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United States v. Schmutzler

United States District Court, M.D. Pennsylvania

October 17, 2017

UNITED STATES OF AMERICA,
v.
JEFFREY SCHMUTZLER, Defendant

          MEMORANDUM

          William W. Caldwell, United States District Judge.

         I. Introduction

         Currently before this court is Defendant Jeffrey Schmutzler's pro se “Motion to Obtain Relief from Judgment or Order” (Doc. 146) pursuant to Federal Rule of Civil Procedure 60(b)(4). In the motion, Defendant seeks relief from our April 27, 2015 order (Doc. 79), in which we denied his motion (Doc. 72) to vacate his sentence pursuant to 28 U.S.C. § 2255. For the reasons that follow, the instant motion will be denied.

         II. Background

         On April 3, 2013, Defendant was indicted for receiving child pornography (Count I) in violation of 18 U.S.C. § 2252A(a)(2) and (b), as well as possessing child pornography (Count II) in violation of 18 U.S.C. § 2252A(a)(5)(B). (Doc. 19). On July 29, 2013, Defendant, represented by Lori J. Ulrich, Esquire, of the Federal Public Defender's Office, pleaded guilty to both counts of the indictment. (See Docs. 40 & 55).

         Prior to sentencing, Defendant retained a private attorney, Royce Morris, Esquire. Through private counsel, Defendant filed a motion to withdraw his guilty plea, (Doc. 53), in which he argued that he should be permitted to withdraw his plea on the grounds of selective prosecution and ineffective assistance of counsel. Specifically, he contended that because of his occupation as a school teacher, he was selectively prosecuted in federal court, rather than in state court where most child pornography offenses are prosecuted and where he would have received a lesser sentence. (Id. ¶¶ 9-15). In addition, he alleged that his public defender rendered ineffective assistance by failing to inform him of his right to challenge the indictment on grounds of selective prosecution. (Id. ¶¶ 7-8).

         The Government, in response, claimed that Defendant was prosecuted in federal court because his case was part of a federal investigation and therefore subject to federal law, sentencing guidelines, and punishment. (Doc. 56 at 14-15). This court, finding no factual support or legal merit to Defendant's argument, denied the motion to withdraw his guilty plea. (Docs. 57 & 58). Thereafter, on July 24, 2014, we sentenced Defendant to 108 months' imprisonment. (Docs. 65 & 67). Defendant filed a direct appeal on August 1, 2014, and on February 23, 2015, the Third Circuit affirmed his sentence and conviction. United States v. Schmutzler, 602 F. App'x 871 (3d Cir. 2015).[1] He did not seek a writ of certiorari from the Supreme Court.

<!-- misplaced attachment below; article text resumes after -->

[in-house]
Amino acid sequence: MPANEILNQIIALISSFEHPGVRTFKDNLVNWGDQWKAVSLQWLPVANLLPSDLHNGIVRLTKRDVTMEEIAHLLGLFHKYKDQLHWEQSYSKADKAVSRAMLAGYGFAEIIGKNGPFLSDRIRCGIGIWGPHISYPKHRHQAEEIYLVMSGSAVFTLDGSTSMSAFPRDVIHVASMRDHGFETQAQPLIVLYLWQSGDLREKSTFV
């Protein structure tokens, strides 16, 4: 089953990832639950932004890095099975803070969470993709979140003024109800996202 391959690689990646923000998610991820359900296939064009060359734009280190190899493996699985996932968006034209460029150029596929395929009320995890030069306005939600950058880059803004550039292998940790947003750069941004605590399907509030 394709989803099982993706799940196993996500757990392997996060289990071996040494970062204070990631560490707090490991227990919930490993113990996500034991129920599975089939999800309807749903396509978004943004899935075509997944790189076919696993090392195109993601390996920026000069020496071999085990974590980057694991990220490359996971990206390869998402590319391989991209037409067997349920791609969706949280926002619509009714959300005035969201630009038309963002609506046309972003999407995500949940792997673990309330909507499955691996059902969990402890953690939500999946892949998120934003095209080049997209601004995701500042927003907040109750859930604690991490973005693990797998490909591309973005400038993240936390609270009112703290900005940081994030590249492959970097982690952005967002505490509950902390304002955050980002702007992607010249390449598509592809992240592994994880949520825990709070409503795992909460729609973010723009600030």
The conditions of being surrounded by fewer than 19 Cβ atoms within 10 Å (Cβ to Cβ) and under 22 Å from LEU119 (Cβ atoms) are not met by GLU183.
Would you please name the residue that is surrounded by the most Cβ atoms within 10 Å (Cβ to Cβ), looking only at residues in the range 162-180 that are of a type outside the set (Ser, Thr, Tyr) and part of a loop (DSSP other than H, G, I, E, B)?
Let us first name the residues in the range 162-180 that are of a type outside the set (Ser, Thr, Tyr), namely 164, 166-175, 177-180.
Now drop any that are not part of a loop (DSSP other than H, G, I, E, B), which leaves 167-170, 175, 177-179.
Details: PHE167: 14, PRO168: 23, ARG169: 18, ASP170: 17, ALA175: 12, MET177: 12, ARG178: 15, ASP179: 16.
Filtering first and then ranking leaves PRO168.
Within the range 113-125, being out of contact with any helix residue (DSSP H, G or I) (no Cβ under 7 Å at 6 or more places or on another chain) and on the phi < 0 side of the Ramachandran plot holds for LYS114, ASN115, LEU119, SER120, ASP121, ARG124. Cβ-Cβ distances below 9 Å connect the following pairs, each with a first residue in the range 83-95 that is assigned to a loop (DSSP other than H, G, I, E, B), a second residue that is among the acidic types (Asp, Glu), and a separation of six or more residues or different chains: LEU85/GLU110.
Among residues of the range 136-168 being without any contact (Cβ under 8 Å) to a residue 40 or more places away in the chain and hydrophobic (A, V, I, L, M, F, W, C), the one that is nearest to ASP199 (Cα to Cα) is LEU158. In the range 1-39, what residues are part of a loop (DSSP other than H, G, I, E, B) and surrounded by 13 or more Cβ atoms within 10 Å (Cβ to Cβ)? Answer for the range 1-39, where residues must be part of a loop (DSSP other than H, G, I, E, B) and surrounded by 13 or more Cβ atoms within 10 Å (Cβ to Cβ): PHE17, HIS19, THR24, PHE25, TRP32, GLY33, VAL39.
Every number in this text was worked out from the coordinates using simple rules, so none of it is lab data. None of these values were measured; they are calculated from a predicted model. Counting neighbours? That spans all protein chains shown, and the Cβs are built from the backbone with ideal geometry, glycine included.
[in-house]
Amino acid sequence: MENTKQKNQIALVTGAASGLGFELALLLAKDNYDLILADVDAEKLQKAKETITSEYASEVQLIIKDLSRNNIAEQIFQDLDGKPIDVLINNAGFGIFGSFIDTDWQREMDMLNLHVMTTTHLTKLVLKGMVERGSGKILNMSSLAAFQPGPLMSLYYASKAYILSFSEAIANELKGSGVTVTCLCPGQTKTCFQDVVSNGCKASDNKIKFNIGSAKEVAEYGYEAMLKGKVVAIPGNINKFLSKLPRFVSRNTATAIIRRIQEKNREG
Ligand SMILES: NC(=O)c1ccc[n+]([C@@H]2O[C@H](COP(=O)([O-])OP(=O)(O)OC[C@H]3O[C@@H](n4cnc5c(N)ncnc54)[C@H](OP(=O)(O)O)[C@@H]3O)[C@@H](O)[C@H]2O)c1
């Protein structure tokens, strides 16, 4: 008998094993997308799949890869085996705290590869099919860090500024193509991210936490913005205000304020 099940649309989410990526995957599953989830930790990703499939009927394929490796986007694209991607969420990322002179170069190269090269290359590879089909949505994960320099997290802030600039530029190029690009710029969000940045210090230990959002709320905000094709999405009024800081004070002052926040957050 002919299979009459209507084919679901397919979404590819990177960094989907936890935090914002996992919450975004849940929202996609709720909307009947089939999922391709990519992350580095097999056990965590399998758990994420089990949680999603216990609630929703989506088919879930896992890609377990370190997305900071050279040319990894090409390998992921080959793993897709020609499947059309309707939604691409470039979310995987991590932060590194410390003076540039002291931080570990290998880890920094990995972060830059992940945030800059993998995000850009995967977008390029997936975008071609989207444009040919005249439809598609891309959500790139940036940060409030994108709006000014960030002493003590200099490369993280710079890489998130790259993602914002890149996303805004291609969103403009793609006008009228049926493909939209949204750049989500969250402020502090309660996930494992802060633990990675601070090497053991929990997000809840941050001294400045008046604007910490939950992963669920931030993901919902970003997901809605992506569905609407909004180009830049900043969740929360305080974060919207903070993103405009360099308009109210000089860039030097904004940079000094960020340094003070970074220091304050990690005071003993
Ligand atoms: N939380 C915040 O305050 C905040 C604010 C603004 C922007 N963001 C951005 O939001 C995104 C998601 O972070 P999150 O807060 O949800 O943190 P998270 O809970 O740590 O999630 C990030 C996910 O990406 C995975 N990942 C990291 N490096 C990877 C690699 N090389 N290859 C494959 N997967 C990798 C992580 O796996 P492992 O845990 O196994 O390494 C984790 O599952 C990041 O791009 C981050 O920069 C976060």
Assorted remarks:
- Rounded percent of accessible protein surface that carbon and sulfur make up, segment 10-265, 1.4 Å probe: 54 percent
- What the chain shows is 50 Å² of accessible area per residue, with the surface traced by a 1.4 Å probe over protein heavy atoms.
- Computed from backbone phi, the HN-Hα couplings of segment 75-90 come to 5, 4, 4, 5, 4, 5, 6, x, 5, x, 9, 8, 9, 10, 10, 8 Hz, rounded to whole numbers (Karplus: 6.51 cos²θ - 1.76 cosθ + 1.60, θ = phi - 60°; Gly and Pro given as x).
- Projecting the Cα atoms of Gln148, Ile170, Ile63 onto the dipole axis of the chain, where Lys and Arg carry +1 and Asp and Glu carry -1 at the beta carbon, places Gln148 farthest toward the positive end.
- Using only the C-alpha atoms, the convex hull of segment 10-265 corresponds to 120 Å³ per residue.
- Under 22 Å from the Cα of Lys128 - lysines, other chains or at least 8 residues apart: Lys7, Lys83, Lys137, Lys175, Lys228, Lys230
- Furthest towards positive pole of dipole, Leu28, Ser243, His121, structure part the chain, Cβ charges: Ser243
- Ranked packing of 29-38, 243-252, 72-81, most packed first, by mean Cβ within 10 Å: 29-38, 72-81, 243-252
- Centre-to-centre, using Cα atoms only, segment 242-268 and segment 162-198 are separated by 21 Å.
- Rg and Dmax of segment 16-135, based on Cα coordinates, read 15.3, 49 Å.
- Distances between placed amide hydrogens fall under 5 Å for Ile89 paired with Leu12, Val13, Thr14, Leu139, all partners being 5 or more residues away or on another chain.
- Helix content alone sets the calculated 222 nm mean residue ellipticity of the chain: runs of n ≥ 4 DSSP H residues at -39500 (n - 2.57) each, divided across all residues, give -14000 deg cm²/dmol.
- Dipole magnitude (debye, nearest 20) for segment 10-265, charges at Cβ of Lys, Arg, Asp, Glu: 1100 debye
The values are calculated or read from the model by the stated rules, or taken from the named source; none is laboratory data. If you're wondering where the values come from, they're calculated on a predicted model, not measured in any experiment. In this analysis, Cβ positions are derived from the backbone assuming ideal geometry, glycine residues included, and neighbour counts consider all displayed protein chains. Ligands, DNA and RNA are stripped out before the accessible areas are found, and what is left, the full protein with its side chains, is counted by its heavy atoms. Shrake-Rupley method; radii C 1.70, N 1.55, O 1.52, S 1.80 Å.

Since conclusion of the direct review process, Defendant has filed a multitude of motions seeking various forms of relief, none of which this Court, or any appellate court, has found meritorious. Pertinent to Defendant's instant motion is the motion to vacate his sentence under 28 U.S.C. § 2255, (Doc. 72), which he filed on March 20, 2015. In that motion, Defendant argued again that he was selectively prosecuted, claiming that most child pornography offenses are prosecuted in state court and that he was arbitrarily prosecuted in federal court based solely on the fact that he was implicated in a federal investigation. (Id. at 13). Defendant also asserted that the federal court lacked jurisdiction over the child pornography offenses and claimed that federal prosecutors violated principles of federalism by prosecuting him in federal court without first consulting with a state prosecutor to request that the state relinquish jurisdiction over the matter. (Id.). Defendant further argued that his public defender was ineffective for failing to raise selective prosecution as an objection, and also claimed that one of his privately retained attorneys provided ineffective assistance of counsel. (Id. at 14).